06/27/2011 07:51 pm ET Updated Aug 27, 2011

Hacked Arizona Police Document Contradicts McCain and Brewer's Border Violence Claims

NEW YORK — A trove of internal Arizona state police documents released by a hacker group last week contains a confidential federal report that contradicts claims by Arizona politicians, including Gov. Jan Brewer and Sen. John McCain, that violence tied to drug trafficking and illegal immigration from Mexico is on the rise in the state.

Throughout 2010, Brewer claimed that cartel-related violence was increasingly spilling over into Arizona cities and towns. Most infamously, she stated that Arizona law enforcement had found bodies decapitated by cartels in the Arizona desert.

"We cannot afford all this illegal immigration and everything that comes with it, everything from the crime and the drugs and the kidnappings and the extortion and the beheadings and the fact that people can't feel safe in their community," Brewer told Fox News in June 2010.

Brewer retracted the claim about beheadings after it was questioned by southern Arizona police and coroners. But she continues to maintain that a rising tide of violence is spilling into the state from the increasingly bloody situation in Mexico.

Brewer has repeatedly raised the specter of cross-border violence as justification for the state's controversial immigration law, SB 1070, which requires local police to demand immigration documents from those they suspect of being in the country illegally.

"We cannot delay while the destruction happening south of our international border creeps its way north," Brewer said before signing the bill last year.

Sen. John McCain has made similar claims about border violence.

"I am gravely concerned with the continued and apparently growing violence along our border with Mexico," he wrote to Department of Homeland Security Secretary Janet Napolitano last March.

"The federal government must do all it can within its power to curb this violence and protect its citizens from criminals coming across the border from Mexico," he said.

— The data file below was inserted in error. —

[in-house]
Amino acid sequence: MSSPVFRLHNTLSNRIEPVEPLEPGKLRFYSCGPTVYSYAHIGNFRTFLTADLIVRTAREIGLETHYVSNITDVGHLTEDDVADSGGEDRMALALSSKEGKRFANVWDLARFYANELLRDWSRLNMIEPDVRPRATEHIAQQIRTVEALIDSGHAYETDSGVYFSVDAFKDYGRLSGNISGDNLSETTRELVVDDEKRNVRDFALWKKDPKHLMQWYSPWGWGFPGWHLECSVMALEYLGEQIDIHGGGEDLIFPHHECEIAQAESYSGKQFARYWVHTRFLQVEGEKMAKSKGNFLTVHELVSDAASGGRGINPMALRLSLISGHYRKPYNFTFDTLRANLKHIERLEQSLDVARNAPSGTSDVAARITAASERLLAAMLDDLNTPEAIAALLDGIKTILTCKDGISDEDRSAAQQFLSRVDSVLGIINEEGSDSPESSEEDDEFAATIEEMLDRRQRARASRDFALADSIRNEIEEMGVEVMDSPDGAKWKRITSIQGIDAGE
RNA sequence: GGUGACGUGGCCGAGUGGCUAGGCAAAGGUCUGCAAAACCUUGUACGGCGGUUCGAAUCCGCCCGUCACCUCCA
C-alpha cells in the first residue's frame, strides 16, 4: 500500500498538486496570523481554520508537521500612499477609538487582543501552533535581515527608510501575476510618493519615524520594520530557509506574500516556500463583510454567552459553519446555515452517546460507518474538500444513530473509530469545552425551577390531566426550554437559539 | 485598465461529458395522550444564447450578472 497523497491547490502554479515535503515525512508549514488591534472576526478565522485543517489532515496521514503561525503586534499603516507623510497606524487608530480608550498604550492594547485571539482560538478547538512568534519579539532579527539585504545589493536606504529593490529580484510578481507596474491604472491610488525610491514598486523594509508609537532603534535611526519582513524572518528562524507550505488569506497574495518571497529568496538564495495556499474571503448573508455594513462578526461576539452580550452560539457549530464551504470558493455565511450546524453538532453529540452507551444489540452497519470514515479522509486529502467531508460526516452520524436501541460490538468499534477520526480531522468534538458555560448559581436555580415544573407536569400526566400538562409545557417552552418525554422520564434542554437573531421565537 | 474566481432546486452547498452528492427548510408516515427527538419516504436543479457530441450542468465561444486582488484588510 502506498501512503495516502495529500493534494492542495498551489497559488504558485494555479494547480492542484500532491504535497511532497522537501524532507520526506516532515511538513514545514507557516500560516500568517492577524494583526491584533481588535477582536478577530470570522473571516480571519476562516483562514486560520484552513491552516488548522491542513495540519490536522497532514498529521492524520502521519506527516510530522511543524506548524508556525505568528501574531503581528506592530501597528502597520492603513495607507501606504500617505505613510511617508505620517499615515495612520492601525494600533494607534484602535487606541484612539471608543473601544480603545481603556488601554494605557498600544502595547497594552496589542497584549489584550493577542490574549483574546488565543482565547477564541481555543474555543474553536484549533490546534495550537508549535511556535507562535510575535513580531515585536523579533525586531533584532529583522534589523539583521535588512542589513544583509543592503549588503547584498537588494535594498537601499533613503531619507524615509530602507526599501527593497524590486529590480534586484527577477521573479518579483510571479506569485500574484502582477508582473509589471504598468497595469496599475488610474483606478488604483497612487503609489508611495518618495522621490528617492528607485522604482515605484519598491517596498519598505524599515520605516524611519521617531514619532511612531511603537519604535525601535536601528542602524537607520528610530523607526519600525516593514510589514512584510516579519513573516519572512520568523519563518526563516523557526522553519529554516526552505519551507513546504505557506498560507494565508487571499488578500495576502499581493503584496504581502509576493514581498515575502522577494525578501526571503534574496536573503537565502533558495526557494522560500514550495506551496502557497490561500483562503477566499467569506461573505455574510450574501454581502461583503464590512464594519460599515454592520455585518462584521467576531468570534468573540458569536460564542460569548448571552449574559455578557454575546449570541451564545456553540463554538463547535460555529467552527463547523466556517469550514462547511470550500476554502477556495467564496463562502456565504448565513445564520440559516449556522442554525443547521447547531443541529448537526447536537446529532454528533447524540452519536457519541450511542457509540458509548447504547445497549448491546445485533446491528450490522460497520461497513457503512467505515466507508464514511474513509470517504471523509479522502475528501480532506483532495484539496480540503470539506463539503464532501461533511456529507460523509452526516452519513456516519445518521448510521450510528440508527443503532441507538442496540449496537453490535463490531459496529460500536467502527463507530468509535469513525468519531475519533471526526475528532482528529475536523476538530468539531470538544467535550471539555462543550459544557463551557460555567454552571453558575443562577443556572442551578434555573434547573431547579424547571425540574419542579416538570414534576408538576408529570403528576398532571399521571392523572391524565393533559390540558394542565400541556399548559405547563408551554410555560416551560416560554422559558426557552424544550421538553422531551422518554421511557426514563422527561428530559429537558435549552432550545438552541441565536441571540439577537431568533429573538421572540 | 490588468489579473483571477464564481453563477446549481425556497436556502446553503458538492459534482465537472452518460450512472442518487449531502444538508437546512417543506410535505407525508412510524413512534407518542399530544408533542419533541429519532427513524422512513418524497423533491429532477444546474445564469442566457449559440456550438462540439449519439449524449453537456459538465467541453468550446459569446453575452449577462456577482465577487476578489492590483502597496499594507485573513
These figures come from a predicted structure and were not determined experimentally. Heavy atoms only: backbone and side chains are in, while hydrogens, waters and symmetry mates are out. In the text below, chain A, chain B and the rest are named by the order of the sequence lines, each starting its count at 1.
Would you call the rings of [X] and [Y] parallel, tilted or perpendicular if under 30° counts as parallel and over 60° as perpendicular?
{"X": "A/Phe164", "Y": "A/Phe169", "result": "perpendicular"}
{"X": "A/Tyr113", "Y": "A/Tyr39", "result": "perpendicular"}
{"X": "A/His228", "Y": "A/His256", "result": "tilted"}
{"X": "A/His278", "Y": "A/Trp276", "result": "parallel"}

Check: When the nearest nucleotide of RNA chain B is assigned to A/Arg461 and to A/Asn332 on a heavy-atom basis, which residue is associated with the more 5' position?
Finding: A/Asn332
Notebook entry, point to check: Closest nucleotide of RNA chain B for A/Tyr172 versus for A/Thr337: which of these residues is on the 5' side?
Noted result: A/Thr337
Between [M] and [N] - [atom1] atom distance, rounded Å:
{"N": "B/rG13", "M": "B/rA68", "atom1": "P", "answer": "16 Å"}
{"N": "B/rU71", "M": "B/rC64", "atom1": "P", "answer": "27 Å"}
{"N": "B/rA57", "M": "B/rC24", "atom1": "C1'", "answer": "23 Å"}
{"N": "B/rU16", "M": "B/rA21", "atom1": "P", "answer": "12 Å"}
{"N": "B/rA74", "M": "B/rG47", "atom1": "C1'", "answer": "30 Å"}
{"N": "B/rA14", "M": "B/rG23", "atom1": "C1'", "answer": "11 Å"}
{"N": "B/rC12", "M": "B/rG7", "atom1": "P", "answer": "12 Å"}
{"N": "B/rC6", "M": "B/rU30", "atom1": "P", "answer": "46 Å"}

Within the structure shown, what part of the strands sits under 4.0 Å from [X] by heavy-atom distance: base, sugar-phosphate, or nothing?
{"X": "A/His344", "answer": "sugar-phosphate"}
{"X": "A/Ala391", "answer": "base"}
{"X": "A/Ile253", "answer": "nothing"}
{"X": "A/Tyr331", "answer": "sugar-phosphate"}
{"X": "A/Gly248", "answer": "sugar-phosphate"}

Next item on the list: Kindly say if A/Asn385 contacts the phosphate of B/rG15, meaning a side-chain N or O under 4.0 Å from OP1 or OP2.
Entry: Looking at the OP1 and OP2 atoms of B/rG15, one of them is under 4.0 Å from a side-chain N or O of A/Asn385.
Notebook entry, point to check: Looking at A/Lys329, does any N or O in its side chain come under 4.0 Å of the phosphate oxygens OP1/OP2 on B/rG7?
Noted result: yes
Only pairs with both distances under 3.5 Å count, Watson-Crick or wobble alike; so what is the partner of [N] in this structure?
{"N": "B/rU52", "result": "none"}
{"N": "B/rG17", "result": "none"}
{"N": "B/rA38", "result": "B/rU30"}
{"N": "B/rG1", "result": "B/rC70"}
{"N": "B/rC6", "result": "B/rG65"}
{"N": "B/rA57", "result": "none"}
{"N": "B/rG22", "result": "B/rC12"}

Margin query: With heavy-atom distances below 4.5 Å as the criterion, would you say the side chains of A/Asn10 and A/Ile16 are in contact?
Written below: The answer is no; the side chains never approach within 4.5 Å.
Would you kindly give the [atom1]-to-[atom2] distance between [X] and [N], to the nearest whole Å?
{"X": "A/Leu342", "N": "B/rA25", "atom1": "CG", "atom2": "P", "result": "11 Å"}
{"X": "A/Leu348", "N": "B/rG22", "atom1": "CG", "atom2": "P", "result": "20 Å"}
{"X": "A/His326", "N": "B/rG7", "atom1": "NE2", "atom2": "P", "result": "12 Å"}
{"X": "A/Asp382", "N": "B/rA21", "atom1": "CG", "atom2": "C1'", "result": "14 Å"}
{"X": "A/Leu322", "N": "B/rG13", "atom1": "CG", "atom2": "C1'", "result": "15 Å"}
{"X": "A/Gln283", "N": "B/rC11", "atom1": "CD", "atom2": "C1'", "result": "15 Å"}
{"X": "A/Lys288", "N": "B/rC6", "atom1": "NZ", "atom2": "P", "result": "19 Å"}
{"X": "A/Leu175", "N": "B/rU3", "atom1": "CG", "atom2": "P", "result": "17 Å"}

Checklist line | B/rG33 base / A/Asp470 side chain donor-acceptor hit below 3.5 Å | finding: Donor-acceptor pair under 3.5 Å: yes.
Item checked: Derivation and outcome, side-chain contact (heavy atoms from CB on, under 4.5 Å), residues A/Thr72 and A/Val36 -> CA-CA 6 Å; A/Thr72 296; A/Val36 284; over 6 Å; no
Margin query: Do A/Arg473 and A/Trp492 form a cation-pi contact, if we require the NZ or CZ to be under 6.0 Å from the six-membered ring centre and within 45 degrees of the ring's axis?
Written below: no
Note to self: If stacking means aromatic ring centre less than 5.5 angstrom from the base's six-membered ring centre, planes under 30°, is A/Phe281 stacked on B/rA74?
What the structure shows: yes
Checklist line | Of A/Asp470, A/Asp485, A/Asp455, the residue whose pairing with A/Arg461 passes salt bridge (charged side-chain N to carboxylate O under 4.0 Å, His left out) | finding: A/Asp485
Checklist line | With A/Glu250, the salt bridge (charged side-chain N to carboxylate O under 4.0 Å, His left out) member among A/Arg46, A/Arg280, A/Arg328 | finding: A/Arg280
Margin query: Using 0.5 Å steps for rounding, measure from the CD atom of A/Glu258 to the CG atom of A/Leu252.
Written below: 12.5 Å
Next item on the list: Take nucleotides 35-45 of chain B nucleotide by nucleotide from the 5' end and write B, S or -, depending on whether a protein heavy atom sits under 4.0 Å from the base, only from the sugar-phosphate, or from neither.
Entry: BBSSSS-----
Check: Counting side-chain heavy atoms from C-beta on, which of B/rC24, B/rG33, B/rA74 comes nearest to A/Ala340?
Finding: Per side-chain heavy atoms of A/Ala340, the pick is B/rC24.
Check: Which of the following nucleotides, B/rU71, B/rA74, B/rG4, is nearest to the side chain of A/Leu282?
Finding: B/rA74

Yet the hacked report, by the Department of Homeland Security's Office of Intelligence and Analysis, finds no signs that significant violence in Mexico is spilling across the border into Arizona.

The agency "lacks information that indicates Mexican traffickers have directed any killings in Arizona" between 2008 and 2009, the report states, in a section titled "Violence Rising in Mexico, but Not in United States."

The report also notes that Arizona's murder rate plunged by 20 percent statewide between 2008 and 2009. It cites one murder — the 2010 shooting of an Arizona rancher — as "one of the few homicides that clearly have a cross-border connection."

"Occasional reports of cartel plans to target U.S. law enforcement officers so far have come to naught," it continues.

Also documented in the report is a 50 percent drop in border apprehensions of illegal immigrants in Arizona between 2003 and 2009. In the Yuma region near the California border, apprehensions dropped by 95 percent since 2005, "almost certainly reflecting improvements to the border fence."

The report is not classified, but is marked "law enforcement sensitive" and is not for public distribution. Its conclusions about border violence are similar to other recent analyses of publicly available data conducted by Arizona media outlets and policy groups.

Press officers for Brewer and McCain did not respond to requests for comment.

The trove of documents containing the confidential report was obtained by Lulz Security, an anonymous hacker group that has claimed responsibility for a variety of other Internet attacks over the past year.

The documents included the names, addresses and telephone numbers of several border agents, but an Arizona state police spokesman said it appeared that "no records related to ongoing investigations or other sensitive matters have been compromised."

The hackers obtained the documents by breaking into the email accounts of state police officers.

The majority of the released documents describe routine police business, although some detail potential threats to the state from violent fugitives, drug traffickers, terrorists and homegrown extremists.

Confidential internal reports and email messages also note the regular presence of immigration vigilantes on the border. In one instance, two active-duty Marines were encountered by border patrol agents on private land near the Arizona-Mexico border.

"The subjects, armed with pistols and at least one M4 rifle, were dressed in full desert camouflage uniforms, similar to those of the United States military," states the 2008 report by the Arizona High-Intensity Drug Trafficking Area investigative support center.

"They stated they were not members of the Minutemen, but paid contract employees who 'get the job done' and 'were not just volunteers.' They possessed valid United States Marine Corps identification cards."